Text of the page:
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String Theory Essay

String Theory Essay

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Published by Michael Mohamed

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Published by: Michael Mohamed on May 29, 2009
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String Theory - Essay
SPH4U0-C ISU Project
By Michael Mohamed
1. Introduction: A New Kind of Physical Theory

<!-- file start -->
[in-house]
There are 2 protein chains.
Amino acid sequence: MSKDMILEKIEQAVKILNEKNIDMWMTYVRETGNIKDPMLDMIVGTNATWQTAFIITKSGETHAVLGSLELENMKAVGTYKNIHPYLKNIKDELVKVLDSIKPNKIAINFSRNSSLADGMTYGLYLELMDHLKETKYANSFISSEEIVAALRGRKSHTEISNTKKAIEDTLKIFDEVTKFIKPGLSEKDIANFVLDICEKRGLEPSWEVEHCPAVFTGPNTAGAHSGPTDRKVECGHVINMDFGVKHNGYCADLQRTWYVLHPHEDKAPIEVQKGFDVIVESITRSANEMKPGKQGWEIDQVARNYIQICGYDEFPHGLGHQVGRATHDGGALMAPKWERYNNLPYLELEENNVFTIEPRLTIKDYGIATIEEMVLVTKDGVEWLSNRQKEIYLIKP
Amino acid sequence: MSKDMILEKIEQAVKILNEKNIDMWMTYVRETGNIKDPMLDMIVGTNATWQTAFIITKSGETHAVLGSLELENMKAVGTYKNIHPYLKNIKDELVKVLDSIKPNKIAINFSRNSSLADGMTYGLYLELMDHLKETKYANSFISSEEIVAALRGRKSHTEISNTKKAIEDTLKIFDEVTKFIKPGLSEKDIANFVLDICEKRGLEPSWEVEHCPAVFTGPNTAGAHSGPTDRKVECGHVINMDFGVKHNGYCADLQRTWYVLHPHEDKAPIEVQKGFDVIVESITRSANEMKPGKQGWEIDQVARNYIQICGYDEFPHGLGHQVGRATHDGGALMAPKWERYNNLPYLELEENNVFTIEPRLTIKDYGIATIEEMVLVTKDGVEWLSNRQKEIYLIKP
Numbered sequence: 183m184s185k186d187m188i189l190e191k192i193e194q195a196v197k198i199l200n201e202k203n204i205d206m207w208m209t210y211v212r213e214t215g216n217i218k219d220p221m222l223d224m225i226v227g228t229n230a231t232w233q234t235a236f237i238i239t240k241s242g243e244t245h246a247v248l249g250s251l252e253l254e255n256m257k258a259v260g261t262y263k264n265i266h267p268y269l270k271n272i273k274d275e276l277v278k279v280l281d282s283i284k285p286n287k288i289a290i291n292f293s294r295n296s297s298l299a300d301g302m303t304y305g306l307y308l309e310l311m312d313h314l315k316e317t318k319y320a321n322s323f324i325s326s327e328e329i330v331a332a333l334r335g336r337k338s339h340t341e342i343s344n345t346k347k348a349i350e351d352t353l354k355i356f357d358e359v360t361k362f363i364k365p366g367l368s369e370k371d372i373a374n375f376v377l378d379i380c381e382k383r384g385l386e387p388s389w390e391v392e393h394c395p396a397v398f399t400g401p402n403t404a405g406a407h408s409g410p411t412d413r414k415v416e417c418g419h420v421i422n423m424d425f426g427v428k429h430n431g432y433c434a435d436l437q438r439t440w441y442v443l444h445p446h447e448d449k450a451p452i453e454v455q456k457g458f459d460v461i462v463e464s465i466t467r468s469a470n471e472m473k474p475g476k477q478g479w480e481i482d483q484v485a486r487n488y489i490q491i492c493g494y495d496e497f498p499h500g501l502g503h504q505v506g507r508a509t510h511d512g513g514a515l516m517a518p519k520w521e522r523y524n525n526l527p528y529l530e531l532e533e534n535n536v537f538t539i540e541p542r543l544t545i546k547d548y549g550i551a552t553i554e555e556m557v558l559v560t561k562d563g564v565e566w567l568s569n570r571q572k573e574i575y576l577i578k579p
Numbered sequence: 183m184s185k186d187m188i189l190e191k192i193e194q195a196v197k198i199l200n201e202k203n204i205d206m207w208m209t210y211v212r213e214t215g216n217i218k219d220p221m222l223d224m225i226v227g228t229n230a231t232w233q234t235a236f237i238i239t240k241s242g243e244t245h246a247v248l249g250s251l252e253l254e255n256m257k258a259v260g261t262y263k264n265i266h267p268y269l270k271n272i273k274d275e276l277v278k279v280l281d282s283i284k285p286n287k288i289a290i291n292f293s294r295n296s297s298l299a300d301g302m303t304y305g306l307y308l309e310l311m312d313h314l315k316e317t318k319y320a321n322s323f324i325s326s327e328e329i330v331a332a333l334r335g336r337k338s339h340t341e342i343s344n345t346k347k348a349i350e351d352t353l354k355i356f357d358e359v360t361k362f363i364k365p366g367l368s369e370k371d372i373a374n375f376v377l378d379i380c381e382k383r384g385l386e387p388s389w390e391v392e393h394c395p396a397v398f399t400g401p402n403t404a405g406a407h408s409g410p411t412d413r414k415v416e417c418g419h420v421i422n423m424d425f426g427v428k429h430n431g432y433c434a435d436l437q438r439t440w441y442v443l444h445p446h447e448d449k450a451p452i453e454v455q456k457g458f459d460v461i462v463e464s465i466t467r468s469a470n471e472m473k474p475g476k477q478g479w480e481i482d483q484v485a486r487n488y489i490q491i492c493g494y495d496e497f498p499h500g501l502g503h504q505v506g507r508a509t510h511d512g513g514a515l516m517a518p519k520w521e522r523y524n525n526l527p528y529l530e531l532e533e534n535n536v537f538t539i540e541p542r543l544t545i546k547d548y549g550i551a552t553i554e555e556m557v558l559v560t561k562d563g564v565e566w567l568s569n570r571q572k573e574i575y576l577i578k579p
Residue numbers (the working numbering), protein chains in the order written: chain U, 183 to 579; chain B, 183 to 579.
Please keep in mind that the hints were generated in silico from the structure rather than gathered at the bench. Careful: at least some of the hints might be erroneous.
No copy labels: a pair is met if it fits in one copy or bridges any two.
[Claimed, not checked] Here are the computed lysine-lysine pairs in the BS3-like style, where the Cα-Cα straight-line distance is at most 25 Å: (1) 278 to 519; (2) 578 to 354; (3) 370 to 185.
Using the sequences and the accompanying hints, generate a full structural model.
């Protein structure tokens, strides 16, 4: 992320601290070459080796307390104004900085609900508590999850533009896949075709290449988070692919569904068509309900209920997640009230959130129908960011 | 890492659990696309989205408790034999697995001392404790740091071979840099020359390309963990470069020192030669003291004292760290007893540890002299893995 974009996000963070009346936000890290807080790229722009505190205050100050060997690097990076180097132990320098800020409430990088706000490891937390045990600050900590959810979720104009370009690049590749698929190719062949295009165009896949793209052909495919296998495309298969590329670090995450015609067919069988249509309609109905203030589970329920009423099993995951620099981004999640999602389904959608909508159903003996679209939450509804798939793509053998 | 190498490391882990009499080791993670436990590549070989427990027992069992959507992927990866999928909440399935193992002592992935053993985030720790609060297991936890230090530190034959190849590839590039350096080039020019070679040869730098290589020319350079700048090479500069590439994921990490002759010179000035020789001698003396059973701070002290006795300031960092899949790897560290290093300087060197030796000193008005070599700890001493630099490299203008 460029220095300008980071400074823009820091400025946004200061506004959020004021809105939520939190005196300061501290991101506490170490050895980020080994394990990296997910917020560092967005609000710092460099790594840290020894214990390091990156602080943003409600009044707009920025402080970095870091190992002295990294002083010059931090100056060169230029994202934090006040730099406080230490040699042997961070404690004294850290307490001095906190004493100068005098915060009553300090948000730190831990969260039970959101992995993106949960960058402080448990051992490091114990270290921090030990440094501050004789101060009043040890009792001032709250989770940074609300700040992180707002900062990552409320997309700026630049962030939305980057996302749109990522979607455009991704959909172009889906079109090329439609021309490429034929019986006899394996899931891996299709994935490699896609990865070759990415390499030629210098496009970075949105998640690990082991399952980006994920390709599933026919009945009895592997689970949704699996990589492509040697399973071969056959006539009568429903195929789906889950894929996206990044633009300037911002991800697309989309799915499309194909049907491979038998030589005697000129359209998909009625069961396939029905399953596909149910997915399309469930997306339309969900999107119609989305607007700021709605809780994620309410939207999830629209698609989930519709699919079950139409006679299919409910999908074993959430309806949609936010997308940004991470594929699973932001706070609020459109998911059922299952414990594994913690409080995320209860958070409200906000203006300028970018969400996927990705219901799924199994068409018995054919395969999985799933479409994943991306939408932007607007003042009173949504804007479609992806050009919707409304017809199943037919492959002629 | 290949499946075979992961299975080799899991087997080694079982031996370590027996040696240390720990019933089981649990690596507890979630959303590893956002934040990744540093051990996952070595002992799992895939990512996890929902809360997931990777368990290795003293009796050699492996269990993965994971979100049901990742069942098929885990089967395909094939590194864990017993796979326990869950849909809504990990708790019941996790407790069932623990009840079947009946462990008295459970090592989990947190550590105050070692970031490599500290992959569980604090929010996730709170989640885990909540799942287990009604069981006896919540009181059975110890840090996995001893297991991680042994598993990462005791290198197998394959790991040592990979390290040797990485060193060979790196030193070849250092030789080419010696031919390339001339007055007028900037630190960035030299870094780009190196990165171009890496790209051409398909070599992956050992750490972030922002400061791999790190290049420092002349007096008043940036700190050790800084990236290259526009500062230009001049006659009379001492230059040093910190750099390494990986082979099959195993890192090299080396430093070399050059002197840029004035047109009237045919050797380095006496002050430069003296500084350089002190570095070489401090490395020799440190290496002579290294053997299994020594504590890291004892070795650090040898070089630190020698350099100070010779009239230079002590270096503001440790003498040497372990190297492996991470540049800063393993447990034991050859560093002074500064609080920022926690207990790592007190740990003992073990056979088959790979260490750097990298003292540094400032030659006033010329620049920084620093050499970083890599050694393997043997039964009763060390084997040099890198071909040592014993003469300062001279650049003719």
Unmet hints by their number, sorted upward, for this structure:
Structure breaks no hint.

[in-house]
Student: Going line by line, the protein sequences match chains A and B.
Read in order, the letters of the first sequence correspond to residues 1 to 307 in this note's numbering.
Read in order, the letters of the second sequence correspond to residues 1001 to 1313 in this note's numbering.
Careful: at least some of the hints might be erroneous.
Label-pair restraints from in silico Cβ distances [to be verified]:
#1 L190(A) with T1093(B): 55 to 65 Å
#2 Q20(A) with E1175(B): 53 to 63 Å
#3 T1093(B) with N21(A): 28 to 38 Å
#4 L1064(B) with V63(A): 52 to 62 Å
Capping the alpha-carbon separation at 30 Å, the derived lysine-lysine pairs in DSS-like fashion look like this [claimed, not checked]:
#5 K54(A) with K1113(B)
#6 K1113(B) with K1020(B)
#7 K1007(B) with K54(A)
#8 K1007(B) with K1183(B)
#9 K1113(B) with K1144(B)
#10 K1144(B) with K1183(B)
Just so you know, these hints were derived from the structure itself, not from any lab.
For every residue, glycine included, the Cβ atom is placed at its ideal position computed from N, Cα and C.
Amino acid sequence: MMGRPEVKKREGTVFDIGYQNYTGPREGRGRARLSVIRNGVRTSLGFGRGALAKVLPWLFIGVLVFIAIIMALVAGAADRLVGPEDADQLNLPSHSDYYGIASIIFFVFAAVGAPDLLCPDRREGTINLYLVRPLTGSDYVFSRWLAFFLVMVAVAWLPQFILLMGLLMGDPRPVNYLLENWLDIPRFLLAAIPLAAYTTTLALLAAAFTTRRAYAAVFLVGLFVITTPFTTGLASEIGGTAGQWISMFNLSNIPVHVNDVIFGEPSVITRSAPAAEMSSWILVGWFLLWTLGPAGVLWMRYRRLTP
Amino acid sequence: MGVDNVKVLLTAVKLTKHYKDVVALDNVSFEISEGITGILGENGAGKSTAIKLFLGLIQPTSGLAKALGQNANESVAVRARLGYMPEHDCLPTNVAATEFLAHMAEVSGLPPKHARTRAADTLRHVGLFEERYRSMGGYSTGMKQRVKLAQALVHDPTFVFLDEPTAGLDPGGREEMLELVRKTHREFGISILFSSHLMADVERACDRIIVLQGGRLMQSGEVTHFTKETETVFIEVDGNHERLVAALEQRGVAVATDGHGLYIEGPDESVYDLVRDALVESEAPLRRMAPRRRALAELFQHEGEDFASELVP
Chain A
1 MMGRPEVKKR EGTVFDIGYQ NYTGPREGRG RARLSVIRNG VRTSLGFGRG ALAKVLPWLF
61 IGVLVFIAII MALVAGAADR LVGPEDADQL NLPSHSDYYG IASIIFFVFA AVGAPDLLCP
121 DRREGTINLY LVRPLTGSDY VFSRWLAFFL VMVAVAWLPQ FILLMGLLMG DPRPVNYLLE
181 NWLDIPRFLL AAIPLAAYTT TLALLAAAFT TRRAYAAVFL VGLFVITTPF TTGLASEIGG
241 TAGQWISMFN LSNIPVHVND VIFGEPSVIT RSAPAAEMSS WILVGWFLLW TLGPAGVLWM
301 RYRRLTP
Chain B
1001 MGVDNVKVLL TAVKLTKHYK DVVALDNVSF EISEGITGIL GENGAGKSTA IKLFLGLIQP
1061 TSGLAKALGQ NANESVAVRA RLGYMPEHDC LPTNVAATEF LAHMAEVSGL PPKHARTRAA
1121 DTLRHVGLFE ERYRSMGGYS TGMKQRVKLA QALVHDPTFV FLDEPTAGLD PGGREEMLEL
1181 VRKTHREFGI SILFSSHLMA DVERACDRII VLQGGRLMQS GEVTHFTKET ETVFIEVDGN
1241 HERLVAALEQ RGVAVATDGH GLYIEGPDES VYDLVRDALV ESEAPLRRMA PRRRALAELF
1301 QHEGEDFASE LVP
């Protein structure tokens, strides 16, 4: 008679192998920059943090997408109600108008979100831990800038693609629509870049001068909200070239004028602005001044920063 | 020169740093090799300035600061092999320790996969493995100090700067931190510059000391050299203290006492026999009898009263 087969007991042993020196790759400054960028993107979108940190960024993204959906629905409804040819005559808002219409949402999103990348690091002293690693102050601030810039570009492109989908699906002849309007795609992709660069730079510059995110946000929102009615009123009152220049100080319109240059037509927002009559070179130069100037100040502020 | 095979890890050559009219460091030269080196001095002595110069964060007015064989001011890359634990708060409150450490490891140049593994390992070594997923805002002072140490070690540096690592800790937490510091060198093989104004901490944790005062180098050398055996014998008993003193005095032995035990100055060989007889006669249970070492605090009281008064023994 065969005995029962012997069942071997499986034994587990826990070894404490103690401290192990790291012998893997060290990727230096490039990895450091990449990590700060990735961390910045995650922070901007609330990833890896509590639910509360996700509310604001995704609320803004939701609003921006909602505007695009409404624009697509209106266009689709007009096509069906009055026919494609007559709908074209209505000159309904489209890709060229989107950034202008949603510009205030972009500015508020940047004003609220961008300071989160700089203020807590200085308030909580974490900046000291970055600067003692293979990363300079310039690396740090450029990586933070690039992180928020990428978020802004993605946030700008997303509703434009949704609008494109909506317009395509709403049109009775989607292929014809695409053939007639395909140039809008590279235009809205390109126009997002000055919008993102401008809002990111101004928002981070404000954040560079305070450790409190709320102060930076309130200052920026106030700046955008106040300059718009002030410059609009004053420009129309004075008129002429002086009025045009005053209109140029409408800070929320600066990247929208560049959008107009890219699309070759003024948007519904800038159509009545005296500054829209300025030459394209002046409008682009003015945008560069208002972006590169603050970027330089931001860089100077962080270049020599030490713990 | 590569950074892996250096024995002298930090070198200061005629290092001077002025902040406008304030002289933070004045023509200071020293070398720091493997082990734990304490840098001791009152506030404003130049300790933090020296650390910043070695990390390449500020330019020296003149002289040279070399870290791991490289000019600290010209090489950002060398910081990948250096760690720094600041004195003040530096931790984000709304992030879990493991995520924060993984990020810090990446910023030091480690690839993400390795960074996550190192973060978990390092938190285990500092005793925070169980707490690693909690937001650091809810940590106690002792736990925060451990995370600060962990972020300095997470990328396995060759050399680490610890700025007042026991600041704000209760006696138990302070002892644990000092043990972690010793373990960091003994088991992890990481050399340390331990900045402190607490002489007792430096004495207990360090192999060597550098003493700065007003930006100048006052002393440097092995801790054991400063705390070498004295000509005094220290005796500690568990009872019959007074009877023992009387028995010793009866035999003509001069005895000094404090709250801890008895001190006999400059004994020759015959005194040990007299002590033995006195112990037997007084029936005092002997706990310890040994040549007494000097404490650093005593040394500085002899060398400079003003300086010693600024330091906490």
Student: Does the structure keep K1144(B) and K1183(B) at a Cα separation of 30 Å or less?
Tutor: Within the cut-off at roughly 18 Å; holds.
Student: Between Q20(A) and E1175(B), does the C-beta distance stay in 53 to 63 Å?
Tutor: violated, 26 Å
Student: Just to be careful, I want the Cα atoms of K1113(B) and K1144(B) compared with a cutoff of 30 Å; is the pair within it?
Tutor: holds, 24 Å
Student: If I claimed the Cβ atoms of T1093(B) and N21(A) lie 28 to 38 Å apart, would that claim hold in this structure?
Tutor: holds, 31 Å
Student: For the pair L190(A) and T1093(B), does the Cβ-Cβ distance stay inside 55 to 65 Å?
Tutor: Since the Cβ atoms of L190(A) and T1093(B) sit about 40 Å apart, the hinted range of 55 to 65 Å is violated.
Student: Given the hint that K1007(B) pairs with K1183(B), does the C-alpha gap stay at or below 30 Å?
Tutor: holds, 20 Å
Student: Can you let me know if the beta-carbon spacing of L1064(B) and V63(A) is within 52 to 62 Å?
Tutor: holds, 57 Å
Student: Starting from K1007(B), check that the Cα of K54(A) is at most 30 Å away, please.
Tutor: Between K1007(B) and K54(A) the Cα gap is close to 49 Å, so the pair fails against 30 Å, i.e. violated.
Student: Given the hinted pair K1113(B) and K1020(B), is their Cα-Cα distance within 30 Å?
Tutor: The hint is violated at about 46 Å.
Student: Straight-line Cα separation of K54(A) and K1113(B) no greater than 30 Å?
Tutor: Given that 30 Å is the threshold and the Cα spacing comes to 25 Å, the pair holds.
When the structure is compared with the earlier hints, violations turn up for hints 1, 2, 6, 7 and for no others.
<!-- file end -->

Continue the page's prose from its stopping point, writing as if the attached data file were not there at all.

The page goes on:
Throughout the history of science various paradigm shifts have taken placewhich have radically altered both the scientific tools with which mankind has toobserve and predict the world it lives in. The theory of gravity was changed radicallyfrom the former Newtonian model in the early 1900s by the work of Albert Einsteinin his theory of general relativity. At this time there were huge breakthroughs in thefield of quantum mechanics by scientists such as Niels Bohr, Werner Heisenberg,Erwin Schrödinger and Richard Feynman among countless others. What was onceconsidered the standard model was found inadequate over time and scientistsstruggled to rethink their current understanding of the universe in the search for atheory that might unite all physical phenomena together. In modern times, this goalhas still gone unmet. However, theoretical scientific research has lead to thedevelopment of a new theory that could overtake the current standard model; thisessay will attempt to describe this new candidate referred to as String Theory. Thebasic concepts of String Theory will be described first of all through the currentinadequacy of modern physical theories, following with the concept of strings,multiple dimensions and supersymmetry, and concluding with the description of M-theory and its critical applications in physics problems, some of which still remainunsolved today.